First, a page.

# Could someone confirm if this is O(n^2)?

• Although it has 3 loops, the innermost while loop does not reset its loop variable everytime. Here is my logic:

I keep 3 pointers n1p, n2p, n3p.

n2p is the pointer for the middle number, and increments by 1 in outermost loop.

For each n2p, I fix a n1p such that n1p < n2p. This increments in the inner loop. Already we have reached O(n^2).

Now comes the important part. For the very first n1p iteration (n1p==0), I start n3p from the rightmost position. I move it left until the desired condition w/ target is hit. However, n3p does not reset in the inner for/while loop for future iterations of n1p. So as n1p keeps moving right every inner iteration, n3p moves a few positions to the left as well. Since n1p and n2p are fixed, the number of combos for this pair of (n1p, n2p) is the difference between n2p and n3p.

``````class Solution {
public:
int threeSumSmaller(vector<int>& nums, int target) {
int combos = 0;
std::sort(nums.begin(), nums.end());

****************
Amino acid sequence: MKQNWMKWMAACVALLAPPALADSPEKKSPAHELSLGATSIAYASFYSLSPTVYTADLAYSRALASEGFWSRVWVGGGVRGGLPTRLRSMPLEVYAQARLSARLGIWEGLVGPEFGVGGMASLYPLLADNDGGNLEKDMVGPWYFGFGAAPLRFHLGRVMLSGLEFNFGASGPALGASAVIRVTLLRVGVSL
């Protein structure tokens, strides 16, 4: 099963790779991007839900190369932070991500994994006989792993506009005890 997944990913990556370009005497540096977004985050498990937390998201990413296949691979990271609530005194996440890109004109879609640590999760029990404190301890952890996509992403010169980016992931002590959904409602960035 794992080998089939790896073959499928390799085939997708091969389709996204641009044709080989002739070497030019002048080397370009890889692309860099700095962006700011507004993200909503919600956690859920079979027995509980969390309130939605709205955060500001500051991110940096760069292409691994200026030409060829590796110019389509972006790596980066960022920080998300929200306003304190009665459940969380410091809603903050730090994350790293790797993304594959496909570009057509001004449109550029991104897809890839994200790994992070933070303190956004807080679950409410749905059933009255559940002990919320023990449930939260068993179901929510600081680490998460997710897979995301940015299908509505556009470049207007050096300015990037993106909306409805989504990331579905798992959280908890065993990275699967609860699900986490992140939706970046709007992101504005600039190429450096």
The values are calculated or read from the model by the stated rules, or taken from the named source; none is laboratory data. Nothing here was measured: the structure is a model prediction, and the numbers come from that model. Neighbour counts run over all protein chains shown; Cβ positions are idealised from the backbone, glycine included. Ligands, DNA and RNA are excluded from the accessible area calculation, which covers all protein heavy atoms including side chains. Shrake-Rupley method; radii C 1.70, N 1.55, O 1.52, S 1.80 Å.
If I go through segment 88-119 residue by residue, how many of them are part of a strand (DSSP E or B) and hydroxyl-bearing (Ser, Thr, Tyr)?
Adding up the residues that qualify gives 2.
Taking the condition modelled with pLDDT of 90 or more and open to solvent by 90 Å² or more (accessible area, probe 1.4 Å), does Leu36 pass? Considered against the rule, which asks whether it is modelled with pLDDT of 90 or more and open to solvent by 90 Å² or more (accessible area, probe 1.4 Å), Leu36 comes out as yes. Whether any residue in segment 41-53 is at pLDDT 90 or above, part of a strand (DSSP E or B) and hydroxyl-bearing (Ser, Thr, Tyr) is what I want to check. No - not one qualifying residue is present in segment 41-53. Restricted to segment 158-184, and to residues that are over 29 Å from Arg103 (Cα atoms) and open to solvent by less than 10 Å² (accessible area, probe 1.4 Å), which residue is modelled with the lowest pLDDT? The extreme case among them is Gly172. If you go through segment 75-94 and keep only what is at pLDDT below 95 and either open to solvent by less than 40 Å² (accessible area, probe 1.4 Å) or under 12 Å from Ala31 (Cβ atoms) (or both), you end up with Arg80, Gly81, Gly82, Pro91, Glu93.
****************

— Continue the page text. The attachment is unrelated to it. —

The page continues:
for (int n2p=0; n2p<nums.size(); n2p++) {       //this is the middle number
int n3p = nums.size()-1;                    //Don't reset this in inner loop! Important.
for (int n1p=0; n1p < n2p && n2p < n3p; n1p++) {//this is the first number
while(n3p>n2p && ((nums[n1p] + nums[n2p]) >= (target - nums[n3p]))) {
n3p--;
}
combos += (n3p - n2p);
}
}
return combos;
}
};``````

• Yeah, that's O(n^2). Interesting variation, to use the middle index for the main loop. I think most people use the first one, and I use the last one (because I then need nums.size() only once).

I'd just prefer index variables i,j,k, as they're really standard and are also used in the problem statement.

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